Letter: A bad road, David?

A bad road, David?

Editor of the Reformer:

In the Nov. 4 column, "Vermont's Democratic Party is taking us down a bad road," Vermont Republican Party Chairman David Sunderland is taking us all down a bad road. The column was about the proposed tax on carbon pollution, an approach to reducing carbon pollution. Such carbon pollution is the factor that even Exxon's scientists knew back as early as the late 1970s was changing our world's climate in significant ways (This is according to an extensive report from the Pulitzer Prize winning Inside Climate News). These changes will make the world a lot less hospitable place for your grandkids and your kids, and us as well.

Mr. Sunderland's article focuses on the proposal to raise the gas taxes significantly over five years. Yes, that is part of the proposal. It is also part of the point. The proposal wants to build in incentives to cut back on carbon pollution, incentives to have people drive less or to purchase more energy efficient vehicles. It also, however, wants to return 90 percent of those same tax revenues to consumers through lower income taxes and potentially a lower sales tax. This is something Mr. Sunderland never mentions in his column. The proposal would also allocate 10 percent of the revenues to such programs as helping homeowners tighten their homes and thus cut down on home heating oil needs. This is also something Mr. Sunderland never mentions.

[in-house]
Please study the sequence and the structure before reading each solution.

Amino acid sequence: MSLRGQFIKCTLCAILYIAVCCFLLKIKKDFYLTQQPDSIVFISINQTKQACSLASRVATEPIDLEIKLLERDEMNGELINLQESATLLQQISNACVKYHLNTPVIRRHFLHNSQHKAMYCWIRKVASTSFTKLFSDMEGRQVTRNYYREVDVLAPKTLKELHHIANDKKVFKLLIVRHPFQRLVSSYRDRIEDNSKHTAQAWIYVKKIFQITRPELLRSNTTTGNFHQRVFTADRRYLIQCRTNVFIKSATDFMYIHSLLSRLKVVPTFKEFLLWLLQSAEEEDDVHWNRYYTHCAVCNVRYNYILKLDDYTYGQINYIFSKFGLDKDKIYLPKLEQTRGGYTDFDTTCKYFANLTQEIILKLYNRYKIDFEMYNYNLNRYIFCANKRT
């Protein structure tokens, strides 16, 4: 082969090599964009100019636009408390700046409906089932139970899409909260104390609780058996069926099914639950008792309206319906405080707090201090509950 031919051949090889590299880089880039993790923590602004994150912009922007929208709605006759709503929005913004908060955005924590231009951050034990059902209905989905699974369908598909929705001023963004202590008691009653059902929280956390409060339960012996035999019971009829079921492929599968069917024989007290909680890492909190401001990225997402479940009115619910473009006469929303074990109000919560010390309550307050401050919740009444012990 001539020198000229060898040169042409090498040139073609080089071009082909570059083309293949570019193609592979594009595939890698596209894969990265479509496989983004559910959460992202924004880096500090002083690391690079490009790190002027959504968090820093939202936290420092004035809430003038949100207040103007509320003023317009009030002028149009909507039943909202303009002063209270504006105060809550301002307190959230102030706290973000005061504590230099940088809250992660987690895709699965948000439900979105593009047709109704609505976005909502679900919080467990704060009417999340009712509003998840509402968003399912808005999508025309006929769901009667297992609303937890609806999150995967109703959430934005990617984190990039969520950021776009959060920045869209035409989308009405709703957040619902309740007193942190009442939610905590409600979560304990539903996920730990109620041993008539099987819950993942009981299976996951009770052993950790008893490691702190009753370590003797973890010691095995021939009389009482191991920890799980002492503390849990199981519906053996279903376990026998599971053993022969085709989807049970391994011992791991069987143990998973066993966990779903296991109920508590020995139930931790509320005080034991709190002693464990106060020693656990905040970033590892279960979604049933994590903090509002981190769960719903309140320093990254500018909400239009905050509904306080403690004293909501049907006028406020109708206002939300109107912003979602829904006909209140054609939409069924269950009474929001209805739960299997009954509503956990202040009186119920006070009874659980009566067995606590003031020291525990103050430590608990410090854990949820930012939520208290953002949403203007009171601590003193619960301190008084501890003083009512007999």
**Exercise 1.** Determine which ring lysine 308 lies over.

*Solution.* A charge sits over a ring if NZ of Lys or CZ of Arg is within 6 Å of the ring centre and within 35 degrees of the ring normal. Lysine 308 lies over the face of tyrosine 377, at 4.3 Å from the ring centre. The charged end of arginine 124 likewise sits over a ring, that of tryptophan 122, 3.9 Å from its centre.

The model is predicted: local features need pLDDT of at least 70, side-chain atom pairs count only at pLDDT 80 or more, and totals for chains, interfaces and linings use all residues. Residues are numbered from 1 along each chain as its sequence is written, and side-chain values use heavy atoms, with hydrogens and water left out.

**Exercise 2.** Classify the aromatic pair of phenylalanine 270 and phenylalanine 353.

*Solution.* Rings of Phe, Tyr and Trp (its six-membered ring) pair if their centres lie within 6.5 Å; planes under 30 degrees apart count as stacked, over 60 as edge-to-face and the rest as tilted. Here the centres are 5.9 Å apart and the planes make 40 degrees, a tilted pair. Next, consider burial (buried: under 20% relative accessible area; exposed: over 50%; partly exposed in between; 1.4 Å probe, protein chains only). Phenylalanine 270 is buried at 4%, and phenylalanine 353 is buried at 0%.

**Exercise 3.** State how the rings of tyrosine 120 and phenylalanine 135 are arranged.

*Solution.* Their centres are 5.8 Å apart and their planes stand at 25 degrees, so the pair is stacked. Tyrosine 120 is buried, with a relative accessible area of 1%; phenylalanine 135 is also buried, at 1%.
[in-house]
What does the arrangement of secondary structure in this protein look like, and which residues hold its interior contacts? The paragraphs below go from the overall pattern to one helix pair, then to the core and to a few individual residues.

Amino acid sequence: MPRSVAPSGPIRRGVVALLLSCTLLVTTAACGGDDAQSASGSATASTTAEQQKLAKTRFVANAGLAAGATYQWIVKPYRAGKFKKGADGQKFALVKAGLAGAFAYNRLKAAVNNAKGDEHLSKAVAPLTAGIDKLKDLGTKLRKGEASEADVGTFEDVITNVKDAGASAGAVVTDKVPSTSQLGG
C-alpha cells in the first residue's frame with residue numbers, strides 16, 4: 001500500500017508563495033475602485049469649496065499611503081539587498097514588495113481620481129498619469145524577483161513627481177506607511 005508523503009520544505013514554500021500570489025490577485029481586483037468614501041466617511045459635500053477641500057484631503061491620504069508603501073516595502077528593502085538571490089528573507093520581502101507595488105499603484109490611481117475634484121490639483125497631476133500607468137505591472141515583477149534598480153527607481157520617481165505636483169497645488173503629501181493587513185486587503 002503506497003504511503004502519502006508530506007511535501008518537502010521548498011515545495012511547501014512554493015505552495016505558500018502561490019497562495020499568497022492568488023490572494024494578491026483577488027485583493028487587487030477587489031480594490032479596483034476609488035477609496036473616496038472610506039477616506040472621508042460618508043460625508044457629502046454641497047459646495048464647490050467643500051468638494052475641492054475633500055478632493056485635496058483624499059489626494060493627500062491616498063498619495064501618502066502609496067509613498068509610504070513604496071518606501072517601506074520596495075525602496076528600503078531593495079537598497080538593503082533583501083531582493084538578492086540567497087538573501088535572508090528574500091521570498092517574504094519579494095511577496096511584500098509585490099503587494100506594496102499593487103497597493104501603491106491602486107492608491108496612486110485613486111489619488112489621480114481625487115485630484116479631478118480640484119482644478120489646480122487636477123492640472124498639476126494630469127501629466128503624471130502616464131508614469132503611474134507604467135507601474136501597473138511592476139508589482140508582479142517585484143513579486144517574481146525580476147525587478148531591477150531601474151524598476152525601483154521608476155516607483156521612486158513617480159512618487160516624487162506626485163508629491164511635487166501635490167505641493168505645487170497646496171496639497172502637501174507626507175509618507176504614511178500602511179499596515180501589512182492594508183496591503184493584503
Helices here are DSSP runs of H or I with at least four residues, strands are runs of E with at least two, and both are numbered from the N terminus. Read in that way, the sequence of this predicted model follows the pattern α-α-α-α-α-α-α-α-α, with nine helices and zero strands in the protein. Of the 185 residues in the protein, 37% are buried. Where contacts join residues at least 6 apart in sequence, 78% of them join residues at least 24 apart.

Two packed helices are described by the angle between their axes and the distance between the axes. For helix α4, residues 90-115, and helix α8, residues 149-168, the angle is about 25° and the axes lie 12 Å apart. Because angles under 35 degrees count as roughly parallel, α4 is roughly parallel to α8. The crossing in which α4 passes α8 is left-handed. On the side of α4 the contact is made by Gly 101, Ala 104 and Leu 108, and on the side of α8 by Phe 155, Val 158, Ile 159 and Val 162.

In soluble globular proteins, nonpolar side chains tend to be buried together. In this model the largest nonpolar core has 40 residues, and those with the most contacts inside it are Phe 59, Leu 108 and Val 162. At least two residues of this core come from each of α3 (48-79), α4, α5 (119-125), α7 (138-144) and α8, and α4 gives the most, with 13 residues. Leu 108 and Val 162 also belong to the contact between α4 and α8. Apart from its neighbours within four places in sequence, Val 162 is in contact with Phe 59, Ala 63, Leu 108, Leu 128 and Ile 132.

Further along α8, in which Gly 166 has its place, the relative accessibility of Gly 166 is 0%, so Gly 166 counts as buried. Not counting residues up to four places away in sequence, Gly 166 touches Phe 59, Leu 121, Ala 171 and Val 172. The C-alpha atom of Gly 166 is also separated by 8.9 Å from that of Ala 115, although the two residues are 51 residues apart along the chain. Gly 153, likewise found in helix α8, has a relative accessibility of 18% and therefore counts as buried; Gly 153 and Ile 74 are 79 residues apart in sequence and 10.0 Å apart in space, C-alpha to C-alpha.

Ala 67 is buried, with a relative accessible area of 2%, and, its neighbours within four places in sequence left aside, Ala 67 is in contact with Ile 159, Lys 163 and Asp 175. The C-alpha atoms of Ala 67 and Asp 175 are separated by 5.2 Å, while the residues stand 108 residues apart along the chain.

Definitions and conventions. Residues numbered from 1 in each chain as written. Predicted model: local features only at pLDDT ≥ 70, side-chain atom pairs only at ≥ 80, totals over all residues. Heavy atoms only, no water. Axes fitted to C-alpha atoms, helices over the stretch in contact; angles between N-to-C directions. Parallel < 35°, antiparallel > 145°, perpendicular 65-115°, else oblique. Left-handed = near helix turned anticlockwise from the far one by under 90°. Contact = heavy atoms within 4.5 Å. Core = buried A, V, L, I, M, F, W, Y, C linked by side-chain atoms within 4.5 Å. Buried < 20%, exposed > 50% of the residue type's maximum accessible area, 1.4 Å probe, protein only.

While this proposal is being put forth largely by some Democrats and some Progressives, it is not an official proposal of the Vermont Democratic Party. There is still much discussion about it. So is Mr. Sunderland's intent to have a real debate about the merits of the proposal, or just to bash the Vermont Democratic Party because, after all, that's what he's been hired to do?

There is much to debate about the pros and cons of the proposal to tax carbon pollution. Debates, however, are only fruitful when all sides are heard. Mr. Sunderland's column did not attempt to do so. Mr. Sunderland's column was a diatribe to serve his political goals.

Michael Bosworth, Brattleboro, Nov. 6


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